Page added 13th March 2011
On the 17th January 1983 a revolution in British broadcasting occurred when BBC TV first broadcast their morning Breakfast show – it was delibarately timed to open two weeks before TV-am went on air. On the day that the Breakfast show opened, BBC Radio Cornwall and BBC Radio Devon also started broadcasting across the south-west. The two stations replaced Morning Sou'West which had previously been broadcast on the local Radio 4 frequencies.
BBC Radio had been solely based in their Plymouth studios, but BBC Radio Devon was split between the old Plymouth studio and new, purpose built, studios in Exeter, which would become the main programming centre. This was a controversial move at the time, and Roy Corlett, the station manager at the time said "We took a lot of flack from civic leaders in Plymouth". In 1993, Exeter became a feed to a new Plymouth studio.
In 1982, the BBC opened a temporary office in an end terrace house at 65 St David's Hill while the studios were constructed. Along with the portacabins on the building site, the house served as the production office, newsroom in an upstairs bedroom, a managers office and the engineers were in the old kitchen at the back.
A site near Walnut House off St David's Hill was selected for the studios. The Exeter Building and Construction Group (became ROK) were the chosen builder. The total cost was £1.5 million, of which £750,000 was equipment for video and audio editing, as well as the broadcast studios. The project was delayed and on the first day of broadcast, temporary portacabins served as studios. Unusually for the BBC, they opened their new service a couple of years after the commercial Plymouth Sound and DevonAir commenced broadcasting. Corlet stated "It's the first time the BBC have come to an area second... We aren't just competing with DevonAir, but also with Plymouth Sound".
Chris Loughlin presented the first programme "Countywide" . Alan Urry was at the controls of the Mk 1 Desk in Plymouth, while David Read read the first news bulletin. Initially the service operated from 6am to 6pm under the name of Devon County Radio – the intention was to cover current affairs, news, phone-ins and discussion programmes. At the weekend programmes include farming, the arts and religion. The aim was to go after the over 25 market. Local programming from outreach studios at Barnstaple, Plymouth, Newton Abbot and Torquay were also planned.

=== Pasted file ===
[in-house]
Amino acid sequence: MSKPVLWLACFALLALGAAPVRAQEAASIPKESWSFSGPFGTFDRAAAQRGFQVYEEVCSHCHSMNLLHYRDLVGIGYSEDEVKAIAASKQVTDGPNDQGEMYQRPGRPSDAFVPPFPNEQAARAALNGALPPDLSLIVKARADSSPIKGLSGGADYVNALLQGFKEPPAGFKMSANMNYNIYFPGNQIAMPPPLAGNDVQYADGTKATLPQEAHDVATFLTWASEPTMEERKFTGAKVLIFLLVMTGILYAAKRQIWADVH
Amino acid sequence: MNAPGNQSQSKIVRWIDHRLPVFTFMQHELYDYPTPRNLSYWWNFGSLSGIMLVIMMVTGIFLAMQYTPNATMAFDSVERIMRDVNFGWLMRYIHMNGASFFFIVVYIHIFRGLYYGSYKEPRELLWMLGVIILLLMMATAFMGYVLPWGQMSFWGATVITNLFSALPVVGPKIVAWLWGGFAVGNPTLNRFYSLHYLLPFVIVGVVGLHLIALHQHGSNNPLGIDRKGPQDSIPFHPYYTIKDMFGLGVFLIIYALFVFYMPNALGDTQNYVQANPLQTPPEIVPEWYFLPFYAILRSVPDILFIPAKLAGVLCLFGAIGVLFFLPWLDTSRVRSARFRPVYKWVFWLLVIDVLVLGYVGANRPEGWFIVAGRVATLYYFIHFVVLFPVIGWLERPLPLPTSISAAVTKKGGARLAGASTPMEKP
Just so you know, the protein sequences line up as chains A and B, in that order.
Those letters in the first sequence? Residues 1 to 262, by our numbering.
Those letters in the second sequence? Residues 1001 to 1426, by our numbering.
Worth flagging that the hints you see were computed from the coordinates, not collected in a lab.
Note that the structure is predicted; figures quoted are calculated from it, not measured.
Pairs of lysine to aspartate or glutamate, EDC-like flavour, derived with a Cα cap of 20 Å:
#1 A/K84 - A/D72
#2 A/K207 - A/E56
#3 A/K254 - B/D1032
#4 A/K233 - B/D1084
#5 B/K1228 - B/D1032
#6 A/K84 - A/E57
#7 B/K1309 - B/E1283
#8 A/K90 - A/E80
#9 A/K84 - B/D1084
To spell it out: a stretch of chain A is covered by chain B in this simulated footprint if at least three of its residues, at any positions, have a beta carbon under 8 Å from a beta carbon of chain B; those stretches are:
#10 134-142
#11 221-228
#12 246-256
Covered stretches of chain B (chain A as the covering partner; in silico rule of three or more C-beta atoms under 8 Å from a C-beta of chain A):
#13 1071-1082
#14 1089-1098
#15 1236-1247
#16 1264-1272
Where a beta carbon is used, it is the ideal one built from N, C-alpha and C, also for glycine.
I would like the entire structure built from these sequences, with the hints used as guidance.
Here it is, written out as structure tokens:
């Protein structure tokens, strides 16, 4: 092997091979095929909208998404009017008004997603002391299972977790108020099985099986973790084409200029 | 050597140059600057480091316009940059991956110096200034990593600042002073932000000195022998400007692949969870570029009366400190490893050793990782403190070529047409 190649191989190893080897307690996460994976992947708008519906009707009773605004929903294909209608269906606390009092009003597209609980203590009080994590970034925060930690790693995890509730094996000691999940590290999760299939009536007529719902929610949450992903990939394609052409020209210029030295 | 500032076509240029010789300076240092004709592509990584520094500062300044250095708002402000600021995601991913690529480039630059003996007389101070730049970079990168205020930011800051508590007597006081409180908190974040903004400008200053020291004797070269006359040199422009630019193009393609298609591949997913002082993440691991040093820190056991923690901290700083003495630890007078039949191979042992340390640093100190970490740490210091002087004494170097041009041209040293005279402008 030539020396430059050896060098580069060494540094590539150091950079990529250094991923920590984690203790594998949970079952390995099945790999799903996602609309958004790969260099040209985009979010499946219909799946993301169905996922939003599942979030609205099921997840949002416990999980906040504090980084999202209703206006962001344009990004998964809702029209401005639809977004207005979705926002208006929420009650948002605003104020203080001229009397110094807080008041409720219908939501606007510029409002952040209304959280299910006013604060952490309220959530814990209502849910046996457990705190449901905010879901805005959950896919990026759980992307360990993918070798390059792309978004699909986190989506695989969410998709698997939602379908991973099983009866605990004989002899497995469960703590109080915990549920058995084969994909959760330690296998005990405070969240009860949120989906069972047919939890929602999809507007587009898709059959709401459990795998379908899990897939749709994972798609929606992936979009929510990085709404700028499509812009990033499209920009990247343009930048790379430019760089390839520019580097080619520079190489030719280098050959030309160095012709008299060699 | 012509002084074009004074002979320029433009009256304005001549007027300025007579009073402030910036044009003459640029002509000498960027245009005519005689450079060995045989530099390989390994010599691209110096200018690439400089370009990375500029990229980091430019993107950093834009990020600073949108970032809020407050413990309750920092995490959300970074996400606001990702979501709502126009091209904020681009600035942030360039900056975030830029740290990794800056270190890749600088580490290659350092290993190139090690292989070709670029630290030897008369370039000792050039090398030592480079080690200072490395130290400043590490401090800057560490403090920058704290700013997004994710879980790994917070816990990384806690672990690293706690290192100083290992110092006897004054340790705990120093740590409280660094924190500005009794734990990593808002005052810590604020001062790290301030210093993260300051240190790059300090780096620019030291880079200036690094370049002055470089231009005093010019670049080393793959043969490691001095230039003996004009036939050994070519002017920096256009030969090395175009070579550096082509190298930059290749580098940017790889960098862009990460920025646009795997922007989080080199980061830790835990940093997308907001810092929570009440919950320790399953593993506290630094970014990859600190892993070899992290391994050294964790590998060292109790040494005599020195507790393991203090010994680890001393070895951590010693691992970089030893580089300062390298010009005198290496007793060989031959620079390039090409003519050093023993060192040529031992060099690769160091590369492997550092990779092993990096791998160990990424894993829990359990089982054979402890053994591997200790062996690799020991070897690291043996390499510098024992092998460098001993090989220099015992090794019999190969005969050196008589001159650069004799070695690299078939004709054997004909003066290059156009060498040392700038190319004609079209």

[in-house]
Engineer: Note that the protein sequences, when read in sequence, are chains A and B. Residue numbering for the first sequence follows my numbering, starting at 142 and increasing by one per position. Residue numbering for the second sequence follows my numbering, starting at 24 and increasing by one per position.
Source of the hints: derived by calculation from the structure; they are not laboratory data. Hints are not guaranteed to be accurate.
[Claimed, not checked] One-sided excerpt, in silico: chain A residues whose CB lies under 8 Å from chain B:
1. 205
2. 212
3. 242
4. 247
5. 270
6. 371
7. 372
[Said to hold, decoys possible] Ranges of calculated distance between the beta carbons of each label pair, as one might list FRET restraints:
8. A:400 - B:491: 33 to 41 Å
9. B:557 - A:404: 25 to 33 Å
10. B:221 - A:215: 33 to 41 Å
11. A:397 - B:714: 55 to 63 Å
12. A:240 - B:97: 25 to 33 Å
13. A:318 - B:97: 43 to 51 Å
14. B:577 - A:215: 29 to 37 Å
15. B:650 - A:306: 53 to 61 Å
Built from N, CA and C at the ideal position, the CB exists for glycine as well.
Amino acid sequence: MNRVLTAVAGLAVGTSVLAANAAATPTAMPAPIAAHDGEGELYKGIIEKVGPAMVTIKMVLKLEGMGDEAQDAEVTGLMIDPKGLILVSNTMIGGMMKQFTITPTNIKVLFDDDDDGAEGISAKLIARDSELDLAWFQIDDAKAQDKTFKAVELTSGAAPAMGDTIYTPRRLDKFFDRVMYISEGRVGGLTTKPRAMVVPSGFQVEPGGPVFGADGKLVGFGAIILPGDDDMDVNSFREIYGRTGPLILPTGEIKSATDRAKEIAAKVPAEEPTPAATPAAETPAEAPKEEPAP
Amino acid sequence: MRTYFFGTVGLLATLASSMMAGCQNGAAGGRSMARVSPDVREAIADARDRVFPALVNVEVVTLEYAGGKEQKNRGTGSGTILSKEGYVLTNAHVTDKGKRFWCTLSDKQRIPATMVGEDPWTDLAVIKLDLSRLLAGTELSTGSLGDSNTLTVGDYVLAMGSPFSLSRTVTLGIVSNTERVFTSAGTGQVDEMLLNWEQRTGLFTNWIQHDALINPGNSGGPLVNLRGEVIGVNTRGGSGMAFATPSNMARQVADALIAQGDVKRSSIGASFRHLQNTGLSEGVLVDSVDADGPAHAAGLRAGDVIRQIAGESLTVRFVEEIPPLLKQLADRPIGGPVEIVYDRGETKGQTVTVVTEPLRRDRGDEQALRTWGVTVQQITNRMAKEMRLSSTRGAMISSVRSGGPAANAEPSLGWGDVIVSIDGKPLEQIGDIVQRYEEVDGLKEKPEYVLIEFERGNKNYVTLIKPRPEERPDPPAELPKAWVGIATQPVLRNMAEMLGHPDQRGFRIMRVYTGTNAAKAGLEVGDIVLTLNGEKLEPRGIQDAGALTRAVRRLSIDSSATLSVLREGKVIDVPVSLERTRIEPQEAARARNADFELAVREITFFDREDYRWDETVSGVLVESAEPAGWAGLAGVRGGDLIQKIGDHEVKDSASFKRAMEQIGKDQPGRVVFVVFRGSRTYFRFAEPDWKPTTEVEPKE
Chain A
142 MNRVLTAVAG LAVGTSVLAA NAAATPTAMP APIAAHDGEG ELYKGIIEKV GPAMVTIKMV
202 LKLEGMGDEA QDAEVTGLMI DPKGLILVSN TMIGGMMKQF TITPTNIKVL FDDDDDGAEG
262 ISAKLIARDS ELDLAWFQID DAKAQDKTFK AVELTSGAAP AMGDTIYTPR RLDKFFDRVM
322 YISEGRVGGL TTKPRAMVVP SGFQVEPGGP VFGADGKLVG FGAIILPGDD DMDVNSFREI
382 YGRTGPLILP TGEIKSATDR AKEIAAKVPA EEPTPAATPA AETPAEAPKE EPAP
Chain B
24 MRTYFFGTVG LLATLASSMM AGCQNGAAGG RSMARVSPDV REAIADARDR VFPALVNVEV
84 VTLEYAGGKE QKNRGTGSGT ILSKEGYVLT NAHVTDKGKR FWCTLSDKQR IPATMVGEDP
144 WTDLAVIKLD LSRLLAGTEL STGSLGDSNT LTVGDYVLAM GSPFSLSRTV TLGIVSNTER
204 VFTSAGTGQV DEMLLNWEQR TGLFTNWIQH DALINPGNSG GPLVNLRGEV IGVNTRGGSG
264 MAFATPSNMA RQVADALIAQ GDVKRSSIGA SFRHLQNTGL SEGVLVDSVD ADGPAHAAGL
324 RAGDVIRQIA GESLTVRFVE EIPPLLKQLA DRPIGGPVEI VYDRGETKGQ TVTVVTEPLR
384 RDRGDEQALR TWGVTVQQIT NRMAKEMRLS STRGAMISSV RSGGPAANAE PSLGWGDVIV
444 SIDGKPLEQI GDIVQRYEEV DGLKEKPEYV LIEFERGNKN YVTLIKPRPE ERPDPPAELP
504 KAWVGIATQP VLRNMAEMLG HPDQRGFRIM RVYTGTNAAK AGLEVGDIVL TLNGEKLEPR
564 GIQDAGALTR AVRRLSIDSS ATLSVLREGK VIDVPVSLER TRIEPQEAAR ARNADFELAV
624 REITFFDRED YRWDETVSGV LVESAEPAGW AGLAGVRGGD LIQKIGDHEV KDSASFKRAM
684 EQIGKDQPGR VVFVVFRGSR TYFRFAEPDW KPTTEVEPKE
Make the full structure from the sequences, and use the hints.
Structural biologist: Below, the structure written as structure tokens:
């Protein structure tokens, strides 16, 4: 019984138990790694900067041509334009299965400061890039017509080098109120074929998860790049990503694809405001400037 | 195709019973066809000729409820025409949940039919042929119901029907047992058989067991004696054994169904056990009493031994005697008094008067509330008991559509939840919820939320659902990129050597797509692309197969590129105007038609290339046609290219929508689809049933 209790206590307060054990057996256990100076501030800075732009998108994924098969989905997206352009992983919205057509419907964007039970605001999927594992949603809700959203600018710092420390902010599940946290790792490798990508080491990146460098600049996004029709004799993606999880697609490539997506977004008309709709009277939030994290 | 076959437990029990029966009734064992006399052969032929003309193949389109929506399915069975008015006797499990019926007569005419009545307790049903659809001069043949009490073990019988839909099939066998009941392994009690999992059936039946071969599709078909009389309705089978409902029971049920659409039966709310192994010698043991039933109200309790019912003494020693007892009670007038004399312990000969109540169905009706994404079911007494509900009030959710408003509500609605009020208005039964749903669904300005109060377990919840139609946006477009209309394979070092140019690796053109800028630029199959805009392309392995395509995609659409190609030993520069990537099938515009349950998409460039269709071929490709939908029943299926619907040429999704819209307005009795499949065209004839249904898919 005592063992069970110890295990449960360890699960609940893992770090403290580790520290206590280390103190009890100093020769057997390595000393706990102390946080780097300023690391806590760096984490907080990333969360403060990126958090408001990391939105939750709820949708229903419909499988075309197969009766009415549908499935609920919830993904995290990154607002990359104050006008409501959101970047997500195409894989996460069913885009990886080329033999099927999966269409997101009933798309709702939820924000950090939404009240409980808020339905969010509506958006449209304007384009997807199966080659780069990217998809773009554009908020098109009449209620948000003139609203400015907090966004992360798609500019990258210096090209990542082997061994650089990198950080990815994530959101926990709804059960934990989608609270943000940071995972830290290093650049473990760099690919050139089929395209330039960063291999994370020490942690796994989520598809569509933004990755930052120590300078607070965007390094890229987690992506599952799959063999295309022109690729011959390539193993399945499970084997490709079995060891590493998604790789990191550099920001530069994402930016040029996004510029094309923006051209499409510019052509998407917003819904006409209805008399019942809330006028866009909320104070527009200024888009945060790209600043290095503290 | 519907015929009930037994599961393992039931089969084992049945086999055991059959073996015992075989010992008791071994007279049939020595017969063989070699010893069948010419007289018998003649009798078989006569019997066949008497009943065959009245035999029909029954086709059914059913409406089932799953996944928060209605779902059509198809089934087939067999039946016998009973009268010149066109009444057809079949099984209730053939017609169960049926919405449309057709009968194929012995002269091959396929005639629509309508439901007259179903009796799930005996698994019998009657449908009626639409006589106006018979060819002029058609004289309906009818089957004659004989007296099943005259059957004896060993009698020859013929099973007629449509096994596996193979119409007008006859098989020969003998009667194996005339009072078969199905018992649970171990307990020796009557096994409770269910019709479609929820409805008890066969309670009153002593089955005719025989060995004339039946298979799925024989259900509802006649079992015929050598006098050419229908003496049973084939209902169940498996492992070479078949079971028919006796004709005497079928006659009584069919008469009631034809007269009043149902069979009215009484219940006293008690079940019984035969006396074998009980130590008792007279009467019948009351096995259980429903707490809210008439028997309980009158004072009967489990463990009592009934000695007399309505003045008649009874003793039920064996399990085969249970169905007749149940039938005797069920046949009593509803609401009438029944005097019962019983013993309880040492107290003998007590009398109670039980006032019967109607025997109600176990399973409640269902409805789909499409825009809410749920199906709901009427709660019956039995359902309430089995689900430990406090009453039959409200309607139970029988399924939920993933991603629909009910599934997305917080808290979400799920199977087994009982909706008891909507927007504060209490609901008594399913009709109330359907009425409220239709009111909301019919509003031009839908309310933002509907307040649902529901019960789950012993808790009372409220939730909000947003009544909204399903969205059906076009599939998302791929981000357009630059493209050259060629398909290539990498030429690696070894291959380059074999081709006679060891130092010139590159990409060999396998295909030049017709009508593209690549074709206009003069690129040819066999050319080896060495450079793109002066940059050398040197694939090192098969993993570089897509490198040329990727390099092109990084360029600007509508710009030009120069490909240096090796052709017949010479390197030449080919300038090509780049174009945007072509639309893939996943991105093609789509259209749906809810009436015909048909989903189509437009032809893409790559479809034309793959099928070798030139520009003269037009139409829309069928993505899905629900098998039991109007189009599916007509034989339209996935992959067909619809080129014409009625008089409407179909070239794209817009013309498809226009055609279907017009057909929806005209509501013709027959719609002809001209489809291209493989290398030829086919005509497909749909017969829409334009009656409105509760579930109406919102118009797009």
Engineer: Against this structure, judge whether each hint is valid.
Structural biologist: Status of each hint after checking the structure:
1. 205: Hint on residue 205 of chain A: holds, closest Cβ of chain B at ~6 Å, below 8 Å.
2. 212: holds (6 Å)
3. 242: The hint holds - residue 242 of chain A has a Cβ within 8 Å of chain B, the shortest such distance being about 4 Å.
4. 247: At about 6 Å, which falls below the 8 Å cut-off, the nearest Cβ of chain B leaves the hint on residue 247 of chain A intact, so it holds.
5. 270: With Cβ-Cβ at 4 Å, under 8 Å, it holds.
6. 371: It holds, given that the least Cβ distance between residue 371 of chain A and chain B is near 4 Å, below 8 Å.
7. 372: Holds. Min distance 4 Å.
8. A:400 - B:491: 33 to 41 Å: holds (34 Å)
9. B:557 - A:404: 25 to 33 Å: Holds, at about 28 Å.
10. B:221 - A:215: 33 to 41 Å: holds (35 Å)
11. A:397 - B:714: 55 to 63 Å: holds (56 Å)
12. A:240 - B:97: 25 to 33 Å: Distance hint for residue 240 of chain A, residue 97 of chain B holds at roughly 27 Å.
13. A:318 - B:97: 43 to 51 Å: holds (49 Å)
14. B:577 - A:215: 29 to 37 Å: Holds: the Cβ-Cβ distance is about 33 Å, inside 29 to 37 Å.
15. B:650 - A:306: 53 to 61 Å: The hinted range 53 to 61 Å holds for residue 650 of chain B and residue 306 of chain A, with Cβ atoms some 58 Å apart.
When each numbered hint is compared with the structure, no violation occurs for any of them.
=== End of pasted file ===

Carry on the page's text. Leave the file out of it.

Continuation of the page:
On 30th September 1983, the studios at Walnut Court, as they are known, were formally opened by Alastair Milne, the Director General of the BBC at that time.
In 1986 a "Type C OB Van was purchased to aid in setting up amd making outside broadcasts – the need to transporting separate mixers and other equipment ceased as everything was built into the van. The first radio car was a Mk3 Ford Cortina.
Almost thirty years later and the station has settled into the rhythm of Devon. Regular local weather and traffic updates are featured in the programming, with Snowline being particularly useful during the winter moths. BBC Radio Devon programs have won several Sony Awards, once linking up with Boston, Massachusetts for a live broadcast on New Years Eve. The studios also have video editing equipment, allowing East Devon based reporters to prepare a package for Spotlight, which is broadcast from Plymouth. Former presenters include David Willis, Craig Rich and the late Jill Dando.
Source: Exeter Weekly News 03/12/1982, Wikipedia and www.devcountyradio.freeuk.com.
The temporary offices at 65 St David's Hill for BBC Radio Devon before the Walnut Gardens studios were opened.
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